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A Paradise of Astronomical Proportions July 2, 2009

Posted by kanewbyscience in Astronomy, Observatory.
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EIU Astro welcomes Kristen Harvey who has her blog at:  http://kanewbyscience.wordpress.com/

Try to dream of a tropical paradise.  What do you see?  Palm trees?  Frozen drinks with umbrellas? Crashing waves?  That is what I had in mind; at least, until I discovered the paradise of astronomical proportions that sits at the top of Mauna Kea on the Big Island of Hawaii.  When I planned my last two trips to the Big Island of Hawaii, I booked my time with palm trees, black sand beaches, and hikes deep within extinct lava tunnels.  I now realize that by doing this, I managed to overlook the obvious.

A state with an intense lighting ordinance to ensure for the darkest skies possible, Hawaii provides one of the clearest, most unique places to get a view of our expanding universe.  The nature of the island itself is what leads to the astronomical possibilities of this location.  Almost 14,000 feet above sea level and surrounded by ocean, the average cloud height is approximately 9000 feet, placing an observer high above the distortion of the clouds while at the summit.  The cloud layer also keeps observers free from atmospheric pollutants and excessive moisture.  This particular aspect puts Hawaii on the top ten list of clear sky proportions; producing close to 300 clear nights a year.

The summit has been an astronomical beacon since the early Polynesians who used the stars at their vantage point for navigation, astrology, agriculture, and astronomy.  Researchers have not been able to prove if the ancient Hawaiians themselves were making observations from Mauna Kea, but it is known that “kilo hoku”, or star watchers, were among the most respected of society members.  As the islands were later discovered by Captain James Cook in 1778, astronomy further developed its importance on the region.  Cook’s ships brought with them telescopes; over 100 years before the first permanent telescope was brought to the island in 1883 (West, Michael).  It was the University of Hawaii, during the 1960’s, however, that really pursued the possibility of astronomical observatories at the summit.  Mauna Kea now has thirteen functioning telescopes ranging in size and function.  This impressive list includes, arguably the most important, and notably the largest optical/infrared telescopes in the world; the Keck telescopes.

A view from Mauna Kea showing the observatories that outline the summit. A view from Mauna Kea showing the observatories that outline the summit.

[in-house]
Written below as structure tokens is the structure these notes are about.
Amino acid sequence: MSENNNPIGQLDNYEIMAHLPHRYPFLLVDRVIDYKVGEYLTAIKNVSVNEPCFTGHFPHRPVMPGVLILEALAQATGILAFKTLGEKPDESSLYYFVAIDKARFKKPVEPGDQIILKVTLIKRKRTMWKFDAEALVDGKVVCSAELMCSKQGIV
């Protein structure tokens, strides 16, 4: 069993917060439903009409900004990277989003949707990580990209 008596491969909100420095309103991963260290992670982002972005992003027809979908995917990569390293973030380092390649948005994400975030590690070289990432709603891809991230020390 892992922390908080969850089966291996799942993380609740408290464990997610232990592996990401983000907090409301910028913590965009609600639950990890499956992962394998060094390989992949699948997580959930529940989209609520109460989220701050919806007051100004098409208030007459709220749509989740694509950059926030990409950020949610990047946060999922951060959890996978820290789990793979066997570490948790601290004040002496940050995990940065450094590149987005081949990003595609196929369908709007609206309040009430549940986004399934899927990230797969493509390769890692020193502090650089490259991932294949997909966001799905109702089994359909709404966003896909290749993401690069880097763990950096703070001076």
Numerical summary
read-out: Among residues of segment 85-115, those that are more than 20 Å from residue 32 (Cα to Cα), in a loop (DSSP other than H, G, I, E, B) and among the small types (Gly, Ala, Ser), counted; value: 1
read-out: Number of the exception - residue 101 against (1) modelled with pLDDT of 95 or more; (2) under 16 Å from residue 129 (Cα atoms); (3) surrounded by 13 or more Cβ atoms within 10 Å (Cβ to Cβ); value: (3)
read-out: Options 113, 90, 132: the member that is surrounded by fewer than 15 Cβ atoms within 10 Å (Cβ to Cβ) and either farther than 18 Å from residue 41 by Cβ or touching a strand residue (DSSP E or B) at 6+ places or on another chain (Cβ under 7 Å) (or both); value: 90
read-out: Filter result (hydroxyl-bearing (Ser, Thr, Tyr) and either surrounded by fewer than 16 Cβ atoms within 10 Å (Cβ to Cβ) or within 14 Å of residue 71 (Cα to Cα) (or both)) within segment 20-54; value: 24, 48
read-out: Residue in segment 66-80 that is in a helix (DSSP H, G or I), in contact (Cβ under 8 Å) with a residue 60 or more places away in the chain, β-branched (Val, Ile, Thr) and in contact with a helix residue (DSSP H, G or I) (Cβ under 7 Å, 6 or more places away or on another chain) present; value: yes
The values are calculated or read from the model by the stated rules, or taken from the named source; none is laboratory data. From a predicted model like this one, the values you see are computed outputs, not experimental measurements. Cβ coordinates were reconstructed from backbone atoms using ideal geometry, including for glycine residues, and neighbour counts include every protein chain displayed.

The summit provides opportunities for even the most amateur of astronomers.  A Visitor Information Station courtesy of the Onizuka Center for International Astronomy is a start.  With computers showing active feeds from Mauna Kea telescopes, videos, handouts, smaller telescopes for use by the public, tours, and stargazing programs this is an initial stop to get prepared for the actual summit.  Commercial tours are available to take you up and down the summit, although visitors and tours alike do not seem to be allowed at the summit after dark.  Several galleries along the summit are open during the day for viewing, but do not think you are going to walk up to the Keck and get your hands on a telescope.  Although galleries may be open, the telescopes themselves are off limits to the public and generally close by late afternoon as the professionals prepare for research and viewing after dusk.

Once the amateurs and tourists have left for the night, the research begins.  Exploration into the fields of astronomy being done through the use of the telescopes on Mauna Kea ranges far and wide.  From images and research on the sun and solar flares to planet formation and astrobiology, Mauna Kea is proving to be a center for education, research, and development when it comes to learning about our expanding universe.

Image of Titan, Saturn’s largest moon, taken February 15, 2005 before the Cassini spacecraft's third flyby of the moon.  This image was taken with the Keck II telescope on the summit of Mauna Kea.  Photo courtesy W. M. Keck Observatory/SRI/New Mexico State University. Image of Titan, Saturn’s largest moon, taken February 15, 2005 before the Cassini spacecraft’s third flyby of the moon. This image was taken with the Keck II telescope on the summit of Mauna Kea. Photo courtesy W. M. Keck Observatory/SRI/New Mexico State University.

Now, as you contemplate your exotic tropical paradise once more, does it look a bit different?  I can tell you this; my next trip to the Big Island will include a visit up the Mauna Kea summit and a glance into a paradise of expanding magnitudes.

Links visited and helpful resources used while writing this post:

A Gentle Rain of Starlight: The Story of Astronomy on Mauna Kea; Text by Michael J. West

Mauna Kea Observatories

Mauna Kea Science Reserve

University of Hawaii; Institute for Astronomy

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